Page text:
Penicillamine, Low Copper Diet, and Radiation Therapy in Treating Patients With Glioblastoma
RATIONALE: Penicillamine may stop the growth of glioblastomas by stopping blood flow to the tumor. A diet low in copper may interfere with the growth of brain tumor cells. Radiation therapy uses high-energy x-rays to damage tumor cells. Combining these therapies may be effective in treating glioblastoma.
PURPOSE: Phase II trial to study the effectiveness of penicillamine, a low copper diet, and radiation therapy in treating patients who have newly diagnosed glioblastoma.
Brain and Central Nervous System Tumors
Radiation: radiation therapy
|Study Design:||Primary Purpose: Treatment|
|Official Title:||Phase II Study of Penicillamine and Reduction of Copper for Angiosuppressive Therapy of Adults With Newly Diagnosed Glioblastoma|
|Study Start Date:||March 1999|
|Study Completion Date:||July 2005|
|Primary Completion Date:||June 2004 (Final data collection date for primary outcome measure)|
OBJECTIVES: I. Determine the effect of penicillamine and copper reduction on survival and time to progression in adults with newly diagnosed glioblastoma. II. Determine the effect of penicillamine on the reduction of serum copper in these patients. III. Determine whether penicillamine reduces the tumor volume, vascularity, invasion, and edema in these patients.
OUTLINE: Patients receive oral penicillamine on the following schedule: Week 1: once daily Week 2: two times daily Week 3: three times daily Week 4: four times daily Week 5 to end of study: increased dose four times daily. Patients also receive oral pyridoxine daily and maintain a low copper diet (no greater than 0.5 mg/day). This regimen is continued for up to 2 years in the absence of disease progression or unacceptable toxicity. Radiotherapy is administered over 6 weeks, beginning on day 1 of penicillamine therapy. Patients are followed every month (with MRI every 2 months) until death.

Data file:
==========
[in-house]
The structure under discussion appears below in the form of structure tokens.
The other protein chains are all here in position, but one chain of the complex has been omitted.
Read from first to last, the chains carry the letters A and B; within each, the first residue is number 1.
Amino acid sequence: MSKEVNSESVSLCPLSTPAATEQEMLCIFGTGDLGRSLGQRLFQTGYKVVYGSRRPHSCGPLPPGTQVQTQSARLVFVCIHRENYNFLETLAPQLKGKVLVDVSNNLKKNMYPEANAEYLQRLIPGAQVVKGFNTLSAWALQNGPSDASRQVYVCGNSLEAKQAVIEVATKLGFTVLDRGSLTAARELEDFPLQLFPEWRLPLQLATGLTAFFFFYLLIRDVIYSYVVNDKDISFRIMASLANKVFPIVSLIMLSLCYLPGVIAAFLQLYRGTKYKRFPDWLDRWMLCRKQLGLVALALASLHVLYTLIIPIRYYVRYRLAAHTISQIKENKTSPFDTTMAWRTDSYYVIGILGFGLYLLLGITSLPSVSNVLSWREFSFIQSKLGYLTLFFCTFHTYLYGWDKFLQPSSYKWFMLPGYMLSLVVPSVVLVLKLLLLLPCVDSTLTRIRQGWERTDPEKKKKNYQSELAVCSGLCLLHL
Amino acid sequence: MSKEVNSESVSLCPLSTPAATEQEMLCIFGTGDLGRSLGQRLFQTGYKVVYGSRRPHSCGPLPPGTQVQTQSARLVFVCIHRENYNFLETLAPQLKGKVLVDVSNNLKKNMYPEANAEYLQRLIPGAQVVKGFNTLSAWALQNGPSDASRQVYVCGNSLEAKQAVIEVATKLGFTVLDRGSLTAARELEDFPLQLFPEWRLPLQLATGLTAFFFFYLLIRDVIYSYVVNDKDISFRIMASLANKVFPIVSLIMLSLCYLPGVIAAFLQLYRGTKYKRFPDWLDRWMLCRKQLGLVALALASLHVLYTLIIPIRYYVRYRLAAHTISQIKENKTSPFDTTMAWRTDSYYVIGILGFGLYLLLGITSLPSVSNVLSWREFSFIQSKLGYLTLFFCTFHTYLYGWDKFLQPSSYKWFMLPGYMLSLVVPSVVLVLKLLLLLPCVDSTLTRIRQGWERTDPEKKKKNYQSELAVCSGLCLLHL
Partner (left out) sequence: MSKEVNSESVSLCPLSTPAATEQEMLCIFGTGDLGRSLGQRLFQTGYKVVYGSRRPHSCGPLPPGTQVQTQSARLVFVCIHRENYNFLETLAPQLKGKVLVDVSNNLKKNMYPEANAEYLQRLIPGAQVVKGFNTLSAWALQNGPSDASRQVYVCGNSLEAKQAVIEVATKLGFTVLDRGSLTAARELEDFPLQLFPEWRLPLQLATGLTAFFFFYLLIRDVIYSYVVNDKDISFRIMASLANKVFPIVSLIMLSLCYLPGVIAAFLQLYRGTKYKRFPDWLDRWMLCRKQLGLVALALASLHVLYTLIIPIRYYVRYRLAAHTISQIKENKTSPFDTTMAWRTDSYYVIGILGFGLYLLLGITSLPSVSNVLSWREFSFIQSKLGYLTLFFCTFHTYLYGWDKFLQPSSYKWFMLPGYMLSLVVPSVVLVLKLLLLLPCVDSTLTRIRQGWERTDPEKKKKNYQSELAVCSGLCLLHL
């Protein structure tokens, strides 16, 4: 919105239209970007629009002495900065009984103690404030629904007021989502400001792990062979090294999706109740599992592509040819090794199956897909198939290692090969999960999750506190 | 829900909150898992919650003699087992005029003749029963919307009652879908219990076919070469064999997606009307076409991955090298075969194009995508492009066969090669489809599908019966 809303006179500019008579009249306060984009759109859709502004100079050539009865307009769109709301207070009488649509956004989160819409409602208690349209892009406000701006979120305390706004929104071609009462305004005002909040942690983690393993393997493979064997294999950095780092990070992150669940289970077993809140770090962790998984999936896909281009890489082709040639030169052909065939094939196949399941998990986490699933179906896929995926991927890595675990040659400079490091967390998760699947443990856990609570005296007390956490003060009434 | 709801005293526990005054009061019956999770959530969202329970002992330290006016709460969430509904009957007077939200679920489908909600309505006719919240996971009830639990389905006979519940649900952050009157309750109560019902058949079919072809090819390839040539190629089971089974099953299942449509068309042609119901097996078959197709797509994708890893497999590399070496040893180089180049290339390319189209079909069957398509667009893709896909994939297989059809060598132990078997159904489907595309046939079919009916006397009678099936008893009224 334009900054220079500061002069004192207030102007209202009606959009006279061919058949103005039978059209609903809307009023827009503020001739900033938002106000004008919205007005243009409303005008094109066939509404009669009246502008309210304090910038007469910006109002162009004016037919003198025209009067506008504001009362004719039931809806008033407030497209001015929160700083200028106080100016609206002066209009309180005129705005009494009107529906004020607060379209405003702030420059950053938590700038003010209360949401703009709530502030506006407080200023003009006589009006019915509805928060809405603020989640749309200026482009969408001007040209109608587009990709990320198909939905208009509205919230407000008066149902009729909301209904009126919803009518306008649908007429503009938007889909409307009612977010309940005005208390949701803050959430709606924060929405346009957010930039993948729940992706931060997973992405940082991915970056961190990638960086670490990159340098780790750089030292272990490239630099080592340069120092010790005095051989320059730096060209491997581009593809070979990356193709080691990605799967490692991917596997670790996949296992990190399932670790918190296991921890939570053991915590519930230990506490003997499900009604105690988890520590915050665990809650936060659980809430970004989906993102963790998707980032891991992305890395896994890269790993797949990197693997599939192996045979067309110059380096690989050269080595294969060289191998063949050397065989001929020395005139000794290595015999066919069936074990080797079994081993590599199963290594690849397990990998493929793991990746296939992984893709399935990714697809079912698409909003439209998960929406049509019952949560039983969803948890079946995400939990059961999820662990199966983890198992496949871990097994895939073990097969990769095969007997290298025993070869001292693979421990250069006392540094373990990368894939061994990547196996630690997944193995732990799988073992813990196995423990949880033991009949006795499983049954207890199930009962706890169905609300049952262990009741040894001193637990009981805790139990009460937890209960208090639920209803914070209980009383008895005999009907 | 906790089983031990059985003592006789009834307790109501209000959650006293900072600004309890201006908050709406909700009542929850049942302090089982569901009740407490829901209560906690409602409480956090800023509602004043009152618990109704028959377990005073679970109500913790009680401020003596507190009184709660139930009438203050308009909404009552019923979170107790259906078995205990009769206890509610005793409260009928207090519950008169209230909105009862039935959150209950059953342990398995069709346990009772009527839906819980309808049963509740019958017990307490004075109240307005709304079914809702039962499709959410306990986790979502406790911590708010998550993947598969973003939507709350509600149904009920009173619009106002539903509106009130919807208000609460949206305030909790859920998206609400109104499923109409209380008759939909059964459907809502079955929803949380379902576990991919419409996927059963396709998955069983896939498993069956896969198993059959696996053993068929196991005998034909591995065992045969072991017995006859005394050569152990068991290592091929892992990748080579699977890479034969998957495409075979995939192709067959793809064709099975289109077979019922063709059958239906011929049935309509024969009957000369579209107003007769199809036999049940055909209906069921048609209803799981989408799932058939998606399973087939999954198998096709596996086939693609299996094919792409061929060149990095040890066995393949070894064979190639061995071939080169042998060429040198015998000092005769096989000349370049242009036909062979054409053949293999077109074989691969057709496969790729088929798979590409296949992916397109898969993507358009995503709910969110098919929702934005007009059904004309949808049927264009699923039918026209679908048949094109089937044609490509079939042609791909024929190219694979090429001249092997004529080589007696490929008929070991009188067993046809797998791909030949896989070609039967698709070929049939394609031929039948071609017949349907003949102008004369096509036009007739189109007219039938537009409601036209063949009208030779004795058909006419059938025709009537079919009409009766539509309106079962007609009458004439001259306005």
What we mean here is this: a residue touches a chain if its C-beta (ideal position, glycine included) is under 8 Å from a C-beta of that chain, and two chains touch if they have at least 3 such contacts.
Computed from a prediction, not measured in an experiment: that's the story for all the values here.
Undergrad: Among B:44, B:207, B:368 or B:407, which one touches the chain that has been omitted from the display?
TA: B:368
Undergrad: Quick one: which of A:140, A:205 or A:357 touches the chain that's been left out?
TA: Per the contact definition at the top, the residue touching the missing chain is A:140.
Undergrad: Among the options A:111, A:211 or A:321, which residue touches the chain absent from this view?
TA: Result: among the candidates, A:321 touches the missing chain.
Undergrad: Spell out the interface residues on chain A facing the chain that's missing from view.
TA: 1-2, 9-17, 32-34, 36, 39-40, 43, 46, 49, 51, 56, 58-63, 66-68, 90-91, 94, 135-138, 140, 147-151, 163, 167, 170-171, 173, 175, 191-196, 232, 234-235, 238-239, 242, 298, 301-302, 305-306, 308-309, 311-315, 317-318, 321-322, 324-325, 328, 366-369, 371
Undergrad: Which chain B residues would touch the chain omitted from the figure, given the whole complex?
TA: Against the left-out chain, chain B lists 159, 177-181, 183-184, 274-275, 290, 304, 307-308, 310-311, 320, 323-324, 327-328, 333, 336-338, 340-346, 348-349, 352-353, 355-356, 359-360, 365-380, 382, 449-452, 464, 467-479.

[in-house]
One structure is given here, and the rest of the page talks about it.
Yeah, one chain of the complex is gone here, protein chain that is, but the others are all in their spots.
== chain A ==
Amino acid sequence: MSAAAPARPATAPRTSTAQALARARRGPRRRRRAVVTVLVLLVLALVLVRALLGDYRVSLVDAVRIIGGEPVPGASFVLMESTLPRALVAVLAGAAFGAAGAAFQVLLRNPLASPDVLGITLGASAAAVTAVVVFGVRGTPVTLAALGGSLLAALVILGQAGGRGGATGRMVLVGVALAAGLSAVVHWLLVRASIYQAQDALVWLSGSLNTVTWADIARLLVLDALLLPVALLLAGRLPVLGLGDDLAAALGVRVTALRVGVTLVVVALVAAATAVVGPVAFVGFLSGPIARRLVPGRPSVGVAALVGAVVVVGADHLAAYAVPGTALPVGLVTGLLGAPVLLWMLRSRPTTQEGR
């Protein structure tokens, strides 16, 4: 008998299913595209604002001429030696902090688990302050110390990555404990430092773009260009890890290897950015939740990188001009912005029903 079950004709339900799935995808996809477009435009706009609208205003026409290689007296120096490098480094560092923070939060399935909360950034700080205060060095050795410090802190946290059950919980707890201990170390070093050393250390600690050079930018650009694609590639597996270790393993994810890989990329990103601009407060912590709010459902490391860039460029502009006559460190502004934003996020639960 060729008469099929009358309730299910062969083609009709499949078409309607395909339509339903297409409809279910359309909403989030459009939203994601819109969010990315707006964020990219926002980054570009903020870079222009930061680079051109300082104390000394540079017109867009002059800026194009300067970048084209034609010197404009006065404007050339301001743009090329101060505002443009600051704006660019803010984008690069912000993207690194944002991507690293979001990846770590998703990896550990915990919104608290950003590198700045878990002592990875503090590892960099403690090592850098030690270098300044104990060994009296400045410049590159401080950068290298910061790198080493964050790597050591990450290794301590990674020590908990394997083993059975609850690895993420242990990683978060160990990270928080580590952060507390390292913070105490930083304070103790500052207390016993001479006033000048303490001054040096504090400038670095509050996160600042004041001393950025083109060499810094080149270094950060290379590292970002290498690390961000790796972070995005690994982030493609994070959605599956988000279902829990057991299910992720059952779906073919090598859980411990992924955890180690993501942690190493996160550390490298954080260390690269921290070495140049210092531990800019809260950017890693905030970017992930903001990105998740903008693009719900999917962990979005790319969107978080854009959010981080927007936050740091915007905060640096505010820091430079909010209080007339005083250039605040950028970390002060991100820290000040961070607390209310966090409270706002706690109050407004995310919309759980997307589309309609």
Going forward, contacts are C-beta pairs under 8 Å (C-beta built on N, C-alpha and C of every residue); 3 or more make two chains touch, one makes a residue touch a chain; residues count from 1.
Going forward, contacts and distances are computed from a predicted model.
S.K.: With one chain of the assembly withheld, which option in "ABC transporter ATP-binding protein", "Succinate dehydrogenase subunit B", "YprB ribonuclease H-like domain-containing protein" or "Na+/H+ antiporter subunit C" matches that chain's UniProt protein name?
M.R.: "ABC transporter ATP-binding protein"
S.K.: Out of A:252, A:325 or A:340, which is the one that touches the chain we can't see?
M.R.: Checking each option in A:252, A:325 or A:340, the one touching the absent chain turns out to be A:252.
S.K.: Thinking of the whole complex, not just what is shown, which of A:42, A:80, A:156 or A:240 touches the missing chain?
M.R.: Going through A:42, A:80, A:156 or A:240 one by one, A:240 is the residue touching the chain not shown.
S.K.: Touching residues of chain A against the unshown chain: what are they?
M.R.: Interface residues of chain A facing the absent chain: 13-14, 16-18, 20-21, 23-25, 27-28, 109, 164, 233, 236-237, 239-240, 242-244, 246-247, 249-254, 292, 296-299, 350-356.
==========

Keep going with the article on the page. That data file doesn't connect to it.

PROJECTED ACCRUAL: A total of 40 patients will be accrued for this study.
|United States, Alabama|
|University of Alabama Comprehensive Cancer Center|
|Birmingham, Alabama, United States, 35294|
|United States, Florida|
|H. Lee Moffitt Cancer Center and Research Institute|
|Tampa, Florida, United States, 33612|
|United States, Georgia|
|Emory University School of Medicine|
|Atlanta, Georgia, United States, 30322|
|United States, Maryland|
|Johns Hopkins Oncology Center|
|Baltimore, Maryland, United States, 21287|
|United States, Massachusetts|
|Massachusetts General Hospital Cancer Center|
|Boston, Massachusetts, United States, 02114|
|United States, Michigan|
|Henry Ford Hospital|
|Detroit, Michigan, United States, 48202|
|United States, North Carolina|
|Comprehensive Cancer Center of Wake Forest University Baptist Medical Center|
|Winston-Salem, North Carolina, United States, 27157-1082|
|United States, Pennsylvania|
|University of Pennsylvania Cancer Center|
|Philadelphia, Pennsylvania, United States, 19104|
|United States, Texas|
|University of Texas Health Science Center at San Antonio|
|San Antonio, Texas, United States, 78284|
|Study Chair:||Steven Brem, MD||H. Lee Moffitt Cancer Center and Research Institute|